As a result, the Geneva and Vaud tax authorities have issued instructions to clarify their position regarding the 2020 situation. Unsurprisingly, they have stated that remote working and RHT days will not be considered in the calculation of deductions for transport and meal expenses. The same is true if, for a temporary period, you had to stop your activity and receive loss of earnings compensation related to COVIF-19. Thus, only the number of days you had to travel to your place of work will be considered in the calculation of these deductions

Regarding the deduction related to the other professional fees, this deduction will not be impacted by the measures. Indeed, this deduction is calculated as a percentage of the net income received during the working period mentioned on the salary certificate. This deduction is also admitted where the taxpayer receives compensation or loss of earnings benefits (unemployment benefits, COVID-19 benefits, benefits relating to military/civil service, etc.).

In the light of above, we can ask us the question about the possible deduction of expenses related to the home office. Even then, the tax authorities’ instructions are quite strict. Indeed, if you have set up an office in a room dedicated to your professional activity, a part of your rent/rental value could be deducted for the days you had to work from home. This deduction should be calculated according to your home’s rental value and surface of your office. However, it will be not possible to reduce your taxable income if you had to work in your kitchen or your living room during the lockdown.

To date, only the canton of Zurich has stated that taxpayers will be able to deduct the full amount for transport costs and meals, irrespective of teleworking days. However, expenses relating to teleworking will not be deductible.

Furthermore, if you bore some costs in order to work from home (like hardware equipment), these expenses could be declared onto your 2020 tax return as “other effective professional costs”. Of course, these costs will only be admitted if they have not been reimbursed by your employer.

> Taxpayer with a self-employment activity or business owner

If you are self-employees or if you are business owner, the Federal Council set up many different subsides. They may affect several tax aspects such as questions relating to VAT, the payment of employee pension benefits or the creation of a special COVID-19 provision (the measure is not authorized in all cantons).

However, we can already provide you with some more general information about taxpayers exercising a self-employed activity, regarding the rents paid and the receipt of any daily allowances.

If you have benefited from a rent reduction for your commercial premises, this reduction must be considered in your profit and loss account. Only the rent actually paid can be deducted as an expense in your business accounts.

Finally, if you have received COVID-19 daily allowances (see above), these will be considered as taxable income. Consequently, they should not appear in the accounts linked to your self-employed activity. Moreover, no loss relating to your activity may be deducted from the benefits received.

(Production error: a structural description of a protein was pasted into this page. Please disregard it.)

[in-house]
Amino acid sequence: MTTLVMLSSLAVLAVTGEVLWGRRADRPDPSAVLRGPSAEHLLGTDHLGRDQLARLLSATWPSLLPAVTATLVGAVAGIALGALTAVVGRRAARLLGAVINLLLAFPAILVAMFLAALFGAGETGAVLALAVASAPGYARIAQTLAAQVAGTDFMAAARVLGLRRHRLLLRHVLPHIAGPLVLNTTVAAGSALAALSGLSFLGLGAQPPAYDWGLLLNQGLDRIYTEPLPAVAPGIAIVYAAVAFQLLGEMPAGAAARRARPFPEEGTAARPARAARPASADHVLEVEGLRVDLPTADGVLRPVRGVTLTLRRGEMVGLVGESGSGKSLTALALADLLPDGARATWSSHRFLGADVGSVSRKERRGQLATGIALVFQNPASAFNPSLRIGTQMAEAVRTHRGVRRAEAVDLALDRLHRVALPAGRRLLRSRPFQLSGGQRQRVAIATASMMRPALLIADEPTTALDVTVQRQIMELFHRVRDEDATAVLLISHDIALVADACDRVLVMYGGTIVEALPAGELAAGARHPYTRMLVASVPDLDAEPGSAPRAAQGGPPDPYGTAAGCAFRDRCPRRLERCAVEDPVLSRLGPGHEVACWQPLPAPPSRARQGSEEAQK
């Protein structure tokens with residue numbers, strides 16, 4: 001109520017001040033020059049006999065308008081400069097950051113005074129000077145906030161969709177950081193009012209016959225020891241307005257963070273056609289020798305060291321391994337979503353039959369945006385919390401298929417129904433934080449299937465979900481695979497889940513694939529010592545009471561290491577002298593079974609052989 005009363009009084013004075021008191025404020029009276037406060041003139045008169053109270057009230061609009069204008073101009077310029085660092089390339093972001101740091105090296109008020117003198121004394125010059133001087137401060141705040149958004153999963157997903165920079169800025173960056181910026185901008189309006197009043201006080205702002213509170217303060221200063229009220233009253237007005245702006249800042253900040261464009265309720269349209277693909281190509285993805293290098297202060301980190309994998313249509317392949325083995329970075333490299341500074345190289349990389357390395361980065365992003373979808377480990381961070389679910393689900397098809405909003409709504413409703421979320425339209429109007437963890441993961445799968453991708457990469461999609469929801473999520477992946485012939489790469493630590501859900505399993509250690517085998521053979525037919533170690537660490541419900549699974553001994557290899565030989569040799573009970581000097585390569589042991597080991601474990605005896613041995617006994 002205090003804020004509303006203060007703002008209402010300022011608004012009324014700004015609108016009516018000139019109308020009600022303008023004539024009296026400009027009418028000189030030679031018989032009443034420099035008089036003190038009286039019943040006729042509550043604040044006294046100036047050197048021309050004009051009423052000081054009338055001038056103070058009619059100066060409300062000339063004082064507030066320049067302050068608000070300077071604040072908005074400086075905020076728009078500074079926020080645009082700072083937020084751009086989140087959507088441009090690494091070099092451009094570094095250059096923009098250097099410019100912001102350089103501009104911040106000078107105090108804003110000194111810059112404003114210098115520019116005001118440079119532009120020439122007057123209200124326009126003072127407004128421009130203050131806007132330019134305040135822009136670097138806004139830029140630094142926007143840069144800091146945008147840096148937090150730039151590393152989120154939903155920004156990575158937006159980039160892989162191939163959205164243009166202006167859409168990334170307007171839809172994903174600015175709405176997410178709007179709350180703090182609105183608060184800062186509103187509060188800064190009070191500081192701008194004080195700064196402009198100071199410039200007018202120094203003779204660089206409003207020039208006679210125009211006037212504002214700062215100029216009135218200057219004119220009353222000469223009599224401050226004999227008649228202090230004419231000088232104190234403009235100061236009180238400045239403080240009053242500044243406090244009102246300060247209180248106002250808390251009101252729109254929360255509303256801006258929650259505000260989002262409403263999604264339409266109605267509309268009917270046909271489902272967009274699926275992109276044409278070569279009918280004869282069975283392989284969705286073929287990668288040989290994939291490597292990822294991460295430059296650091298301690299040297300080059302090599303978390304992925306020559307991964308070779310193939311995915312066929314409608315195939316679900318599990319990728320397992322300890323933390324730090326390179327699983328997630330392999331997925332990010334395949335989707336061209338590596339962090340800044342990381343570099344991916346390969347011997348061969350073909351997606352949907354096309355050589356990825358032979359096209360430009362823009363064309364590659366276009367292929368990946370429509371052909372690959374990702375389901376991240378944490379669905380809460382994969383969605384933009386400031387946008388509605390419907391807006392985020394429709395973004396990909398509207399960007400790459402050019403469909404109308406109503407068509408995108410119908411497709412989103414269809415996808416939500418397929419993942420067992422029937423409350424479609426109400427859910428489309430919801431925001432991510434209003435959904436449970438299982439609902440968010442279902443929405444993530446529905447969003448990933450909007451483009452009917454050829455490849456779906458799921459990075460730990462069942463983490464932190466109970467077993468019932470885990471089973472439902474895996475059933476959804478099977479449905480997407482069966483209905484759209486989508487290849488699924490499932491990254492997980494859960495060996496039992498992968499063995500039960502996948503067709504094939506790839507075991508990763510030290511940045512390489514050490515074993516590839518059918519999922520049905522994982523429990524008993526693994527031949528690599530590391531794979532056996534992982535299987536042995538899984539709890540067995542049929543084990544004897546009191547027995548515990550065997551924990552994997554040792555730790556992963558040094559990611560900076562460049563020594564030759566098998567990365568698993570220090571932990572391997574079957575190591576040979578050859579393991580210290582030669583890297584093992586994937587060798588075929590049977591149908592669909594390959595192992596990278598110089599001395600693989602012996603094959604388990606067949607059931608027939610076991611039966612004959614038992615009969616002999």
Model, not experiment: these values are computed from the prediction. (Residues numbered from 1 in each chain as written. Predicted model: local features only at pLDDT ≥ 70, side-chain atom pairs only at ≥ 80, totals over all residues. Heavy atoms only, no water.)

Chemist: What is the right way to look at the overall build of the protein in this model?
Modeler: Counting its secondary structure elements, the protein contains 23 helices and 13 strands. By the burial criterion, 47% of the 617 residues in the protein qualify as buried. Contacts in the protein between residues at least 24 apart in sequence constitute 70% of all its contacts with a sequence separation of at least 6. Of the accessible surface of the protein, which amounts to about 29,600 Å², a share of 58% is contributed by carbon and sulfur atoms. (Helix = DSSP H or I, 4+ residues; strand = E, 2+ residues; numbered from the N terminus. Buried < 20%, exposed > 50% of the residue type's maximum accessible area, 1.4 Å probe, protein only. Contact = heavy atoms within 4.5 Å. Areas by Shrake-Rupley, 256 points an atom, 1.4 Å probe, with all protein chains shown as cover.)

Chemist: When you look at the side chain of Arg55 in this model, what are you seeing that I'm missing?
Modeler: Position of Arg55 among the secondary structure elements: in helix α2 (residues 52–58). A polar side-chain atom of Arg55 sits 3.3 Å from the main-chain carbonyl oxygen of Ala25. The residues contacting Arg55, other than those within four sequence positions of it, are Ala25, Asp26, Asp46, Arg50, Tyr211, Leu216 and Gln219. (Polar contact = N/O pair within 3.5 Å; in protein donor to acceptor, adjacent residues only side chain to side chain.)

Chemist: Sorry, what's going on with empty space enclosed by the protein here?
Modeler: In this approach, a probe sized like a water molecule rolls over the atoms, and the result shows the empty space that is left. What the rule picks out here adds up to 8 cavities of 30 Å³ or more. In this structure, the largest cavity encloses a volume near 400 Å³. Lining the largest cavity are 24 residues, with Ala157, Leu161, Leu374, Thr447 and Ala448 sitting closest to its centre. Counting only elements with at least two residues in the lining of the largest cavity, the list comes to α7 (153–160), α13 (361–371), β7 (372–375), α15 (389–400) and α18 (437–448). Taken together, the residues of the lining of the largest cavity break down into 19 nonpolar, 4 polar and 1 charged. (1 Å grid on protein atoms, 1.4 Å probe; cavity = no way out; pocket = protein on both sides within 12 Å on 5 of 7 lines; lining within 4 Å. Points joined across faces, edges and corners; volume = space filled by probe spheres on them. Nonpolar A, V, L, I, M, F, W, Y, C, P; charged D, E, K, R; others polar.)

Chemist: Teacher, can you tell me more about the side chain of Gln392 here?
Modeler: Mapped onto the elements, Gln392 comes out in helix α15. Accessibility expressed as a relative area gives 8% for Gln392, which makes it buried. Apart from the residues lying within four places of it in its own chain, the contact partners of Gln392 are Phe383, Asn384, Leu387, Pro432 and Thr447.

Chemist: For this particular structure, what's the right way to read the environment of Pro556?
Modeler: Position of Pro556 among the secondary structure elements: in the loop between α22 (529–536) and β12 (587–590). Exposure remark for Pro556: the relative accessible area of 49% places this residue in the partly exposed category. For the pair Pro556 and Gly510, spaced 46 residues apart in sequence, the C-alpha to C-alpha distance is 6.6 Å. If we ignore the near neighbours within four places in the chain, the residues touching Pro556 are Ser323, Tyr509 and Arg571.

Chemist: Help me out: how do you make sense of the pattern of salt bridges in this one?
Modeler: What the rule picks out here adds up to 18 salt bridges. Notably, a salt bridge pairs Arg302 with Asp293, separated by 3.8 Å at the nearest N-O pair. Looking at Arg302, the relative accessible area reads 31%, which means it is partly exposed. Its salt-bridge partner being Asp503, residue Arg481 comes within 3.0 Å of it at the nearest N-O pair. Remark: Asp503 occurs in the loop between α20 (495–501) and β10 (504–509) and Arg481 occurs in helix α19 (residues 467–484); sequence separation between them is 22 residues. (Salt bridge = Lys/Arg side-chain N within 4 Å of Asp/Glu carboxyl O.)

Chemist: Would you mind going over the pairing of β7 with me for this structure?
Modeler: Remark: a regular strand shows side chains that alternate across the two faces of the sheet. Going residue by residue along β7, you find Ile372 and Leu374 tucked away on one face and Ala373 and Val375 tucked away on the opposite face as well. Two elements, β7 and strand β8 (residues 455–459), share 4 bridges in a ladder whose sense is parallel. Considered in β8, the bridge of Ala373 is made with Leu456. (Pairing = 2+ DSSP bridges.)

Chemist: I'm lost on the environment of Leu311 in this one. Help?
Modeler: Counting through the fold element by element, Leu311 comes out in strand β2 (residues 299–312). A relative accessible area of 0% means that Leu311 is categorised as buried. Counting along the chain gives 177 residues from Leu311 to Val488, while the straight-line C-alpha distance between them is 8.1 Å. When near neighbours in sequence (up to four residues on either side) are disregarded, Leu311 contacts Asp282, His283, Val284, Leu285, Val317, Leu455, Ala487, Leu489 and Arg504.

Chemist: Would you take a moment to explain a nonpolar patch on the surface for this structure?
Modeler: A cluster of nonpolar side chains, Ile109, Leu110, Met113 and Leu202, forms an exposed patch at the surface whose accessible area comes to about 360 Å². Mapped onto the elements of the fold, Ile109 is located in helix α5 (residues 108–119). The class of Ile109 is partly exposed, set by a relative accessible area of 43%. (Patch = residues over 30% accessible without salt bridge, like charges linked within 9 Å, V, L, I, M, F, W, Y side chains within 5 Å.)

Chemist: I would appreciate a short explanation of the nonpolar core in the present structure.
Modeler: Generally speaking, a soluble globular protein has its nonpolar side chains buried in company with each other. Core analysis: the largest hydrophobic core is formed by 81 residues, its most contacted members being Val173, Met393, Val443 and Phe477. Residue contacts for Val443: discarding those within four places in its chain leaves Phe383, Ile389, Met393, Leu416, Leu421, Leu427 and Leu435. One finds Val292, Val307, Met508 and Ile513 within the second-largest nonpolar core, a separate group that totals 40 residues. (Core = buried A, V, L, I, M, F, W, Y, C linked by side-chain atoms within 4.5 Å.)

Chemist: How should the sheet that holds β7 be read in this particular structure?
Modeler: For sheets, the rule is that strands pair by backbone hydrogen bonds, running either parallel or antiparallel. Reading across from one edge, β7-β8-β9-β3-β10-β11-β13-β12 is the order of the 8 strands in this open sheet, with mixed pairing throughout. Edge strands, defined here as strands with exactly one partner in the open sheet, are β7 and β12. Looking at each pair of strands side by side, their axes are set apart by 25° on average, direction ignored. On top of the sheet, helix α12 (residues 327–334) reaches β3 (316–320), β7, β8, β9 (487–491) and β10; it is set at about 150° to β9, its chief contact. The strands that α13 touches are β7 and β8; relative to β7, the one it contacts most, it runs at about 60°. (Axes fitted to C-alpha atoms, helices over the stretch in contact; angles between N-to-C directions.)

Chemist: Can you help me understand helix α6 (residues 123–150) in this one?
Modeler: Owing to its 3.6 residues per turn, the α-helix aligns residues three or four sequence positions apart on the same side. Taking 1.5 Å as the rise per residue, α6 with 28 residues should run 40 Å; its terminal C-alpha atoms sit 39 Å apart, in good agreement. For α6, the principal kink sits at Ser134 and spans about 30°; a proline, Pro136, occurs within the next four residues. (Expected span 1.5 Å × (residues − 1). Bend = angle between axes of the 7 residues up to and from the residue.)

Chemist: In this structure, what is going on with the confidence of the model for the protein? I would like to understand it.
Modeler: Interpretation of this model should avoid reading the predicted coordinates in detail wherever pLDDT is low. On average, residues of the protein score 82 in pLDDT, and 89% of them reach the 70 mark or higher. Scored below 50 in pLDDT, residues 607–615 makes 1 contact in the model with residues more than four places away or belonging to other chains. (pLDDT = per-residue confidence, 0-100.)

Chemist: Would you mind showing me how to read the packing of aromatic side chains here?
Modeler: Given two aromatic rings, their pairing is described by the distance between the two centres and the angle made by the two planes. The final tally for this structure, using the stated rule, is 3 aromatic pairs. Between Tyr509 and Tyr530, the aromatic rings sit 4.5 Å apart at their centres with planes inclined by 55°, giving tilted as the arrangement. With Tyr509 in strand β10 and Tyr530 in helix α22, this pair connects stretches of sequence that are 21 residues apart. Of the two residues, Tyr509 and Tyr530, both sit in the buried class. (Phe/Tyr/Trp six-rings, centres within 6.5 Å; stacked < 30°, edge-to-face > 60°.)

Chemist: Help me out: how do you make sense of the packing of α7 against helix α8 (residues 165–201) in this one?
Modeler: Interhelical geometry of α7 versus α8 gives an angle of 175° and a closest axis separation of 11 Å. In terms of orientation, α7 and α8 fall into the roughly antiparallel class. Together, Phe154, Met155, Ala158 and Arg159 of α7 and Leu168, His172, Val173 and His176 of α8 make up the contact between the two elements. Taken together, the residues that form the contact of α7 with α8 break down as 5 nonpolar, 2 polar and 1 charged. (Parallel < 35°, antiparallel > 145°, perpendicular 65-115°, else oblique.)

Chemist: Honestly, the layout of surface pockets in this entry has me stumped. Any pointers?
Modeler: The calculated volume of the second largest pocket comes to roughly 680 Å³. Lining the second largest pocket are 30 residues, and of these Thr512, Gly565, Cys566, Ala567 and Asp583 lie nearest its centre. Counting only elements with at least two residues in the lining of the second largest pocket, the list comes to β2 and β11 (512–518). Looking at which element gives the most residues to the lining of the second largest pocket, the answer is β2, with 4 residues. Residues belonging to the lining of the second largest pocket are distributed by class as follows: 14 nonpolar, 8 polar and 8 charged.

• If you have benefited from one of these aids, we recommend that you contact us so that we can provide you with a service adapted to your situation.

> Rental incomes from commercial properties

As a solidarity act, many landlords have agreed to reduce the rent or even waive the collection of rents from their properties rented for commercial purposes. A draft law is currently under discussion to determine how this reduction should be considered. However, pending the outcome of the project, the tax authorities have defined how taxpayers will have to complete their 2020 tax return. If necessary, the declarations can be amended once the law has been defined.

First, it is necessary to determine whether the leased property is part of the taxpayer's commercial or private assets. Depending on the taxpayer's situation, the treatment will be as follows:

  • Commercial wealth: The rents actually received will have to be declared. A provision relating to the portion offered to tenants may be created in the profit and loss account. This provision may then be dissolved when the law relating to the situation has come into force.
  • Private wealth: The taxpayer must declare all the effective rental incomes received during 2020. If needed, the tax return should be modified once the law has come into force.

In addition, if you paid some lawyer fees in order to recover the rental incomes from your tenants, these costs will be deductible in your 2020 tax return with your other maintenance costs.

> US taxpayers

In order to help their compatriots during the COVID-19 pandemic, the United States introduced the CARES Act law (Coronavirus Aid, Relief, and Economic Security Act). Hence every US citizen received a lump sum indemnity (USD 1’200.- per adult and USD 500.- per child under 18 years old).

  • In accordance with the Swiss tax authorities’ instructions, we inform you that this indemnity will be taxable in Switzerland. Therefore, the amount received must be declared in the Swiss tax return.

> Other deductions not related to COVID-19

Not all the 2020 cantonal tax guides have been published yet. However, the following changes should be noted in the canton of Vaud regarding communal and cantonal taxes:

  • Health insurance deduction: the lump sums are increased as follows:


As from January 1st 2020

Until December 31st 2019

Single persons

CHF 3’200

CHF 2’200


CHF 6’400

CHF 4’400

Children or dependants

CHF 1’300

CHF 1’300


  • Childcare costs: the deduction allowed increases to CHF 9’100 instead of CHF 7’100 per child under the age of 14.

We hope that you have found this article useful and that the information will allow you to navigate through the changes with confidence. Should you wish to discuss more on this topic, please do reach out to Global Employer Services team and contact Augustin de La Chapelle